Last year, the jazz station at 89.3 FM — which had been based at the Five Points Media Center since 1994 — and its hip-hop channel, the Drop, officially moved into the Buell Public Media Center, at 2101 Arapahoe Street. Offically, the new center also houses Rocky Mountain PBS, Rocky Mountain Public Media, the Colorado Media Collaborative and the Community Media Center, although most employees of those outlets are working remotely.
Tina Cartagena, KUVO’s senior vice president of radio and new media, who has been with the station since 1990, says that because of COVID-19, most of KUVO’s staff are still working from home, though the offices are open to on-air hosts and engineers. Other staff could start working on site in May. Eventually, KUVO will broadcast concerts from the building's Bonfils-Stanton Performance Studio.
The station was recently awarded a $225,000 grant from the Doris Duke Charitable Foundation. The grant will help fund the station's Jazz Media Lab and allow KUVO to work with other jazz stations supported by the foundation, including KMHD in Portland, Oregon, KNKX in the Seattle/Tacoma area, and WBGO in Newark, New Jersey.
“It's an opportunity for us to actually work with the other four jazz stations in a way that we've never done before,” Cartagena says. “We're going to all come together and look at who's out there, what are the new things happening in the jazz community, and be able to talk.”
Maurine Knighton, the foundation's program director for the arts, says, “Jazz radio plays an essential role in supporting the field of jazz, a vital art form with a rich history embedded in the fabric of this country and an exciting, evolving future. These stations have always been critical partners to artists and venues, and never has that been truer than today, as they’ve served as the central platform for connecting artists with audiences and for voicing issues affecting musicians and venues during the pandemic.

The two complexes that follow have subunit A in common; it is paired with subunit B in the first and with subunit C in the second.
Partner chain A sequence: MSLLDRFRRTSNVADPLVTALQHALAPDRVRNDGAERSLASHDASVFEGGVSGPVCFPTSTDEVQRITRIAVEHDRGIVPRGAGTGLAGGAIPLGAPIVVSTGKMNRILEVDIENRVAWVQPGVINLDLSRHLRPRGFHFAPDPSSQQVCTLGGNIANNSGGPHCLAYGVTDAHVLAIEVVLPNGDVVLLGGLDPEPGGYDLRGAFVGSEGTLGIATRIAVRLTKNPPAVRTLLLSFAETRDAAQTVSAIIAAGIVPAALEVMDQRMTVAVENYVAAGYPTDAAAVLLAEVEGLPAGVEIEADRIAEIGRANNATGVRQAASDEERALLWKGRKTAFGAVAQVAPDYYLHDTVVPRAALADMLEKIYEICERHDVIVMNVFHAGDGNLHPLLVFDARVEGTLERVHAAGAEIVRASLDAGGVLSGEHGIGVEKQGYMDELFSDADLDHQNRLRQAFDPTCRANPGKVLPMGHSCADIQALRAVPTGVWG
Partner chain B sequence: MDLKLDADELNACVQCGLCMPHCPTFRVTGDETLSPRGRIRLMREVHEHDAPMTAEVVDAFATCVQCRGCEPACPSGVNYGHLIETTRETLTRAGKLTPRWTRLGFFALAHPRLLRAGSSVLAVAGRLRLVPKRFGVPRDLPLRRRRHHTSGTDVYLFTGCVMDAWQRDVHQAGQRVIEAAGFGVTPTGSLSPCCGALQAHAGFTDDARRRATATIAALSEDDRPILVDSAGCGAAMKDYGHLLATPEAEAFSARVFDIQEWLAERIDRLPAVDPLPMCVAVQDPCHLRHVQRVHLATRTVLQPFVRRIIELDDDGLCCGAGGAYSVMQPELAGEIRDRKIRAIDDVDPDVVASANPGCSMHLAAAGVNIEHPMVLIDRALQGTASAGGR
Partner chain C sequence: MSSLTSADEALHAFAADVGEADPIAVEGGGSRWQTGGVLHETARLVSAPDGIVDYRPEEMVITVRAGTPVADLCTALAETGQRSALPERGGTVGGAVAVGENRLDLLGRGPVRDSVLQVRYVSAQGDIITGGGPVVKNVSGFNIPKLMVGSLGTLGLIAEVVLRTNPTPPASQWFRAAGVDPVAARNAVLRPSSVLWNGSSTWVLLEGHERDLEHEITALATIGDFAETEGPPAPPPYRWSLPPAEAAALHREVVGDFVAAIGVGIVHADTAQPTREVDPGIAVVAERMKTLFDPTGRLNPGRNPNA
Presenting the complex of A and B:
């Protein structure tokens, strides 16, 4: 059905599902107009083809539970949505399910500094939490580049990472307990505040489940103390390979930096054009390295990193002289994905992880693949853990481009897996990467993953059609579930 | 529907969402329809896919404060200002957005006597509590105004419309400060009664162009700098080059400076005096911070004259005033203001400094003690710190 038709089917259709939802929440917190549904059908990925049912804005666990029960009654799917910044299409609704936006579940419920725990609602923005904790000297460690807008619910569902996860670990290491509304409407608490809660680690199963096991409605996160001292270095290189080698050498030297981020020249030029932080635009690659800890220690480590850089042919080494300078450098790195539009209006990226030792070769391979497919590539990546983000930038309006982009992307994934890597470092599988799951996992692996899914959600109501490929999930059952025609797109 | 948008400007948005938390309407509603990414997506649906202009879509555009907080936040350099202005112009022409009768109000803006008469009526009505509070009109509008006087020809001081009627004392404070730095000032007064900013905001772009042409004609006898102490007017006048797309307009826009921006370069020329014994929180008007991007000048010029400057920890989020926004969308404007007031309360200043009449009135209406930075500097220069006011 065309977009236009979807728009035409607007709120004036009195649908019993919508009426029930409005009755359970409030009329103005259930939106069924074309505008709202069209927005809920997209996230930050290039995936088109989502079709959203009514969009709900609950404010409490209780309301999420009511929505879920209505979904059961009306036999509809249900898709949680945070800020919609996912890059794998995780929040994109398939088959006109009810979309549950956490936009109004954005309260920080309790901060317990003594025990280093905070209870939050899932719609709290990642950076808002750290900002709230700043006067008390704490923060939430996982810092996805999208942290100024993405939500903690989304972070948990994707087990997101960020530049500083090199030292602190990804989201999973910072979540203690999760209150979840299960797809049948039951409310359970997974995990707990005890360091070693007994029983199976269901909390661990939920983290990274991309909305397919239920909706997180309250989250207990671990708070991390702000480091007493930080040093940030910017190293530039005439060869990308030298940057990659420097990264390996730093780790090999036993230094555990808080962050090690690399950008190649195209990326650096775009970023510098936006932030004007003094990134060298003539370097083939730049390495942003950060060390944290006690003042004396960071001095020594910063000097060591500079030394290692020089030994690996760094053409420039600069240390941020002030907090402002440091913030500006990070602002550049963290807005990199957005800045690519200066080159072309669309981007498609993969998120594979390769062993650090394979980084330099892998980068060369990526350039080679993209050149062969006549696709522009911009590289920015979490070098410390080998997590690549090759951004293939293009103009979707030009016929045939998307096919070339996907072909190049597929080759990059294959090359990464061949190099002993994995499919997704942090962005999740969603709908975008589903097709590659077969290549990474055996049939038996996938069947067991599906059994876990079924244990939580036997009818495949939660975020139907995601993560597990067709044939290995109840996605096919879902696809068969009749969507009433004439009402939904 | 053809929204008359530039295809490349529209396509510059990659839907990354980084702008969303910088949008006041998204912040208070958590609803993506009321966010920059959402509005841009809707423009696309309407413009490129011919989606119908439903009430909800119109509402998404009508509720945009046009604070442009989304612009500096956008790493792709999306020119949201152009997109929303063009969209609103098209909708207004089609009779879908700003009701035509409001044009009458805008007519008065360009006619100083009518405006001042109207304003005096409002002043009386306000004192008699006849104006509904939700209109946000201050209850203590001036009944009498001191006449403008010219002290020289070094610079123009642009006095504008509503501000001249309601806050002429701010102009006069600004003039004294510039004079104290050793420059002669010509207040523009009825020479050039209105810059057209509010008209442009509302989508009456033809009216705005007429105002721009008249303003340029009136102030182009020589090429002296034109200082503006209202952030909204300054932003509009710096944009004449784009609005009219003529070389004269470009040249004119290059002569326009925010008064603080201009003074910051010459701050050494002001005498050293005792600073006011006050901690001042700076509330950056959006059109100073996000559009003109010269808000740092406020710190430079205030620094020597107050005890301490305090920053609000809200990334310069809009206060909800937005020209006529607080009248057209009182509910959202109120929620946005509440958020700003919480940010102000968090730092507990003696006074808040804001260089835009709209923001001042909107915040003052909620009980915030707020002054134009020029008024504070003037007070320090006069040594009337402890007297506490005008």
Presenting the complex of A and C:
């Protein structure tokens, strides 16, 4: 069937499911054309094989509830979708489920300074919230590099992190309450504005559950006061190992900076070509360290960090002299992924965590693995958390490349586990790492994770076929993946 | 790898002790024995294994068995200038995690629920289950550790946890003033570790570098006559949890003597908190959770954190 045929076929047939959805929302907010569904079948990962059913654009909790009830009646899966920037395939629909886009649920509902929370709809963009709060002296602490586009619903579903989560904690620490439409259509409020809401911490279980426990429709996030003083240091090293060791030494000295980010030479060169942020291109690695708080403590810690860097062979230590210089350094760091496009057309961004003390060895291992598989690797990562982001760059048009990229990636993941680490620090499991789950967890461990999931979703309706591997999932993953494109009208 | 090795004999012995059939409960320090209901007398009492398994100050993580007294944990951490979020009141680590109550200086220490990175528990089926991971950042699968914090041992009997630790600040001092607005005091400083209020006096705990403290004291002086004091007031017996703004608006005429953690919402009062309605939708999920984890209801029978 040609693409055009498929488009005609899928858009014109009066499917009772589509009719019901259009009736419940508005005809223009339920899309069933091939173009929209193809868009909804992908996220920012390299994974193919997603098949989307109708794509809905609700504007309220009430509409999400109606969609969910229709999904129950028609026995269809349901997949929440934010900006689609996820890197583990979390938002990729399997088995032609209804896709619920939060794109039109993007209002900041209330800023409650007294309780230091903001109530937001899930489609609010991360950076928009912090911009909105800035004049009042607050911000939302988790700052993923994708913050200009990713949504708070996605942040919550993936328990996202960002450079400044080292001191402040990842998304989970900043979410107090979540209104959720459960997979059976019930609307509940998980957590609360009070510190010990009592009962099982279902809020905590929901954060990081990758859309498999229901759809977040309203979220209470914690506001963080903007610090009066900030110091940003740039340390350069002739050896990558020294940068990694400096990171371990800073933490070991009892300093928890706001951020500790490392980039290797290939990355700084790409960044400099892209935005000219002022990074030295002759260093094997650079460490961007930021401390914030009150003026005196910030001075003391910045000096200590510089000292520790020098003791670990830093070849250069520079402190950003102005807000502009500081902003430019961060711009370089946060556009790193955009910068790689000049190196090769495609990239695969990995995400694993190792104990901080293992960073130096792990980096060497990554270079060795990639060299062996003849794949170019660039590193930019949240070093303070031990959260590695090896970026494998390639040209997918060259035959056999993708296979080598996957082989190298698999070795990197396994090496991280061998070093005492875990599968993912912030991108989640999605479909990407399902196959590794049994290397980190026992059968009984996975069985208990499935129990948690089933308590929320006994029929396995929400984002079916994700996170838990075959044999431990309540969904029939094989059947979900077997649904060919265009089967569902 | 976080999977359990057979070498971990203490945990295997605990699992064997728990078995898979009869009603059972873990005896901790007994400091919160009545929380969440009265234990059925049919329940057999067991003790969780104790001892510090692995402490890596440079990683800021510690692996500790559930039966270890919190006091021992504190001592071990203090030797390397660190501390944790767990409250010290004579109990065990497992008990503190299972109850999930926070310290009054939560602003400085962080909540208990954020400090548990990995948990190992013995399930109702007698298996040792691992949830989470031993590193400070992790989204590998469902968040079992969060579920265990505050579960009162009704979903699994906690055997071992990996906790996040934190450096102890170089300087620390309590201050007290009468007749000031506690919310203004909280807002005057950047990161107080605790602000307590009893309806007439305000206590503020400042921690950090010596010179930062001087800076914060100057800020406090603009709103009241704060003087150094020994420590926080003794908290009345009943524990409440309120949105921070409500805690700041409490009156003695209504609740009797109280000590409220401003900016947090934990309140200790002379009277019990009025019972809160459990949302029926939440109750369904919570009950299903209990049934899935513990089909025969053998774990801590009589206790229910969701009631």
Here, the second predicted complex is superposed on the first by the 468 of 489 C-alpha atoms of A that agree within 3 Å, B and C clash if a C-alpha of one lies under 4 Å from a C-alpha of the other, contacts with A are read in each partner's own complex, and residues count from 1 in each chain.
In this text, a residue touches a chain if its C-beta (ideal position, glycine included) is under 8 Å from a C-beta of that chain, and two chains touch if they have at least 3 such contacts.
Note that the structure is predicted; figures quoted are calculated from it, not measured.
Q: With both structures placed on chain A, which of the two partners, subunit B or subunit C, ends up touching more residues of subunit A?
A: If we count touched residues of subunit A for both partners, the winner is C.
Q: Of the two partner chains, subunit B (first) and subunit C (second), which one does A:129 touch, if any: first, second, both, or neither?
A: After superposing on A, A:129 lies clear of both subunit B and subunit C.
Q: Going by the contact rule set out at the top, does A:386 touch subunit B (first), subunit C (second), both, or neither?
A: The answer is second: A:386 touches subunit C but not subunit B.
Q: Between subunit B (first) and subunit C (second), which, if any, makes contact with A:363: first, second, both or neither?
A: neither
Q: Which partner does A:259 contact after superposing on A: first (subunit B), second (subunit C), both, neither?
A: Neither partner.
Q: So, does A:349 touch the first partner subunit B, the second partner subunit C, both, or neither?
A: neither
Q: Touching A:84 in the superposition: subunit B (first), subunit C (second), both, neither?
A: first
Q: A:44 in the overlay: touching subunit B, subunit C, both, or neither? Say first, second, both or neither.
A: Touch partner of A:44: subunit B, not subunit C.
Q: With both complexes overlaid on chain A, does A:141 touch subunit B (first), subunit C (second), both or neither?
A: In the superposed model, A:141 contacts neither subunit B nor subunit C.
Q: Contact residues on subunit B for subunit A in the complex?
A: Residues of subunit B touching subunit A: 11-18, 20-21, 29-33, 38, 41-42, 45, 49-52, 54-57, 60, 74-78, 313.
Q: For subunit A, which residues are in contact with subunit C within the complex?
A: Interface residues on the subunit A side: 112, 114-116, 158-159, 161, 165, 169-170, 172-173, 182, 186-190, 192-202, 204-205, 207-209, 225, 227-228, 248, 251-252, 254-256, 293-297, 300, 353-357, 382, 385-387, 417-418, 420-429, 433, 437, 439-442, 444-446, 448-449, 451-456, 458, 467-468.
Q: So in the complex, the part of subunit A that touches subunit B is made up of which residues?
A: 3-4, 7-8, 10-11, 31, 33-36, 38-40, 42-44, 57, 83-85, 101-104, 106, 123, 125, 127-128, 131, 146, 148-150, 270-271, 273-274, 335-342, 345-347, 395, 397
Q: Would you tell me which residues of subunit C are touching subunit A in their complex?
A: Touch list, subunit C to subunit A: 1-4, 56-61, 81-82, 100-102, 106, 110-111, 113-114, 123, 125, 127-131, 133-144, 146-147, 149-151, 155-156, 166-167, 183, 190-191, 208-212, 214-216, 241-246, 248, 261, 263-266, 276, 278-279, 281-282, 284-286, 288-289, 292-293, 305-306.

“As the largest national funder of jazz," she continues, "we are dedicated to helping ensure the sustained vibrancy of jazz, one of very few contemporary art forms original to the U.S. This program is a pivotal piece of that greater commitment.”
Each of the stations participating in the Jazz Media Lab will receive general operating support grants of $225,000 over three years to help stabilize operations during a period of economic uncertainty. Part of the Jazz Media Lab’s mission is to help these five stations spread jazz to new and younger audiences.
“This station has always been about the people,” says Nikki Swarn, the Drop’s general manager and program director. “From our name to how we engage with our listeners, it’s all about our Colorado community. Without this local support, our 104.7 FM signal wouldn’t be as impactful. This is such a special time for public media, especially here in Colorado. We owe a huge thanks to our community, our listeners and our partners for helping make this possible.”
The station plays a pivotal role in parent company Rocky Mountain Public Media's plan to expand and extend its relevance to more diverse communities across Colorado.
“The Drop is so much more than a radio station,” Swarn notes in a statement. “We are truly a lifestyle brand. The station provides a place in the media landscape for a variety of musical genres and reinforces a sense of community for a diverse listenership. Listeners can Drop into the music, cultural issues and community resources in one place. It’s a movement built by and for the people of Colorado.”
Cartagena says people can listen to KUVO or the Drop from anywhere in the world via HD streams, but adds that it was important for the hip-hop station to also have a spot on the FM dial.
“It just opened up another audience to us," says Cartagena. "And who wouldn't want to listen to that music commercial-free?”